An attack on Kashmiriyat: Mufti
26 March 2003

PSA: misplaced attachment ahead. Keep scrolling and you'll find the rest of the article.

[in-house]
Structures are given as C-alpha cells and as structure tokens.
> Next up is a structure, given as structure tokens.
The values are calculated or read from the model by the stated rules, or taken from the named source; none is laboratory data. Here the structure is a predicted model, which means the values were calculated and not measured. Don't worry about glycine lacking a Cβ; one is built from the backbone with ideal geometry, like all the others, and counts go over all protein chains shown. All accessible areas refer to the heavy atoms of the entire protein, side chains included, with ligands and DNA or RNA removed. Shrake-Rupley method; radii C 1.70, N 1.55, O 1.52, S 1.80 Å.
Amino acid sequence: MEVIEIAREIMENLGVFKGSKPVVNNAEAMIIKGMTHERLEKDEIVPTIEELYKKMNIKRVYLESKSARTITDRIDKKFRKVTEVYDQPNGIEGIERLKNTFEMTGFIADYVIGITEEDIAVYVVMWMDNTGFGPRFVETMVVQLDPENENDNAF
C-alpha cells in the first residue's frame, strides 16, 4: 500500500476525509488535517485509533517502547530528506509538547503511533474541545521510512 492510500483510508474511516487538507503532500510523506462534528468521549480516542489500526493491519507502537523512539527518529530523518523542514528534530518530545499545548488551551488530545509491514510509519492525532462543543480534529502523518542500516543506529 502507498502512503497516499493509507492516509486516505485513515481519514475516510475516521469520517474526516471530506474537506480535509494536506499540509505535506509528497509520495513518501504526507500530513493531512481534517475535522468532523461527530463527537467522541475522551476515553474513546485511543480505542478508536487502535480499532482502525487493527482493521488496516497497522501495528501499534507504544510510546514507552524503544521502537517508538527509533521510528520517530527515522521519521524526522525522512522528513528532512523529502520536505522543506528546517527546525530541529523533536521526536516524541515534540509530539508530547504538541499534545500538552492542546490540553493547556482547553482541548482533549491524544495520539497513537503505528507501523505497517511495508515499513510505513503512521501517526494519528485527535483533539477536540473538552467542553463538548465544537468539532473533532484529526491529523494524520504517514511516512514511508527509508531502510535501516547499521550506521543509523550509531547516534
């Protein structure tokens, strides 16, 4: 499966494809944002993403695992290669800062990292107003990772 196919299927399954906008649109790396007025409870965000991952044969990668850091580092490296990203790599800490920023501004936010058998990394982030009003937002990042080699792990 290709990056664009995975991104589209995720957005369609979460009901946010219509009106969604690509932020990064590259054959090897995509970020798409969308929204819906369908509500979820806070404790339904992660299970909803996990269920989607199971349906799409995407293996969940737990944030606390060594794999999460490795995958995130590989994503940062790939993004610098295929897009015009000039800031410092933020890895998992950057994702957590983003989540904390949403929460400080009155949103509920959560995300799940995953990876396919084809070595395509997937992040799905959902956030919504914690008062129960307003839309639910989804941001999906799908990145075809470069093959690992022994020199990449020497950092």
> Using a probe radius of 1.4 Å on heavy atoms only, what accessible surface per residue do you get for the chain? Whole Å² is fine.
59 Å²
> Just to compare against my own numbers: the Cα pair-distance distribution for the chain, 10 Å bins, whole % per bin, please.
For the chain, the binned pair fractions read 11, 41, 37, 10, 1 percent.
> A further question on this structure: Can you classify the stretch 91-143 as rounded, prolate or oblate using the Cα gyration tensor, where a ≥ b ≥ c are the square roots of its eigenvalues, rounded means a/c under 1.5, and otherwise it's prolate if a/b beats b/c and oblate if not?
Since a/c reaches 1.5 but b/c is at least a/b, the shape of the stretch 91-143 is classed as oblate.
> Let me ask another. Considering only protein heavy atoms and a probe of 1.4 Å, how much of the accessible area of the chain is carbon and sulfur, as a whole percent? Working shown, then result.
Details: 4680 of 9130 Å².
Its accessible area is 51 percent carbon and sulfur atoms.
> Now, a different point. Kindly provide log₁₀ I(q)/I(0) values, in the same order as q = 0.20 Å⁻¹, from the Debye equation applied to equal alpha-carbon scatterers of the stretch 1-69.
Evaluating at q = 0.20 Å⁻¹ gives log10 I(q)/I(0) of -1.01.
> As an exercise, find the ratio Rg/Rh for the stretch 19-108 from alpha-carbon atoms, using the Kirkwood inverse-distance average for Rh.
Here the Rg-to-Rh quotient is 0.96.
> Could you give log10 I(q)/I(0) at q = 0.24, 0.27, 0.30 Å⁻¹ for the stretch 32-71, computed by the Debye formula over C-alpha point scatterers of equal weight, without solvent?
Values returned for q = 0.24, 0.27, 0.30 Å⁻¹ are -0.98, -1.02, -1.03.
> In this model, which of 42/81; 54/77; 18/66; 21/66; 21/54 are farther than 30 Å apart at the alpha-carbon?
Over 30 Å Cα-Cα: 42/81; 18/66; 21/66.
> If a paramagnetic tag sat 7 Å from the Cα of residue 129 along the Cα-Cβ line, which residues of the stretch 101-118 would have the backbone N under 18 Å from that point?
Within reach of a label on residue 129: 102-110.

JAMMU: The Jammu and Kashmir Chief Minister, Mufti Mohammad Sayeed, today said the State Government would take all steps to restore a sense of security among the people. Winding up the debate on the Governor's address in the Legislative Council, the Chief Minister said 'the killings of innocents was a setback to the peace initiatives in the State. The enemy spared no one in the last one decade and this time the attack on Pandits was a direct attack on Kashmiriyat, a secular identity of Kashmir which had a history of centuries.' 'We must rise above petty politics and take on the assault head on with all our might,' he asserted. The Chief Minister said he had plans to protect the remaining 270 Kashmiri Pandit clusters in the valley. 'Whatever tools we have at our disposal, we will employ everything and try to protect innocents from the gun. A security meeting is being called soon and security has already been strengthened,' he said. But the Mufti said it was finally the people of the State who had to create an atmosphere where there was no room for gun. The people had to be convinced and motivated to fight militancy. Asking the people to be logical in their criticism of the coalition Government headed by him, the Chief Minister said, 'there is no contradiction between the 'healing touch' and fighting militants. Both supplement each other.' Appealing to all the legislators, he said, 'I, with all my experience of 40 years, want to convey them not to lose the golden opportunity to talk with the Central Government representative.' He asked why should any body have objections to a dialogue. He chided National Conference for demanding autonomy and added that nobody could conclude that it was the final solution of the problems of the State without ascertaining the views of every one in the State. He said, 'fiscal autonomy is more important than political autonomy as the State already has its constitution in which there are several special powers for it.' 'What we need is economic self-reliance which we do not have right now. At every step, we have to go to the Central Government for funds.' He said that the State budget would be based on 'realism'. Earlier in the Assembly, embarrassing scenes were witnessed when the Panthers Party, a coalition partner, moved a bill for an amendment to the State Constitution for giving State subject rights to the Punjabi refugees (migrated from Pakistan in 1947) living in the State for close to 50 years. Even the Deputy Chief Minister, Mangat Ram Sharma, appealed to the mover of the bill, Balwant Singh, Panthers Party Legislator to withdraw it at this stage. The Congress has always stood for giving the Punjabi refugees the State subject and no power on earth could deny them their right.' But he added that the Panthers Party should realise the fact that it was sharing power in the Cabinet and everyone had to work in cooperation. The Cabinet would collectively come out with its policy on the issue and see to it what was to be done to do justice. The Panthers Party legislator pressed for the bill and hence he earned the wrath of the Deputy Chief Minister. In an angry mood, Mr. Sharma said that if that party did not want to work in cooperation in the coalition Government, it was most welcome to withdraw its support of four legislators. The bill was put to vote and was defeated by a voice vote.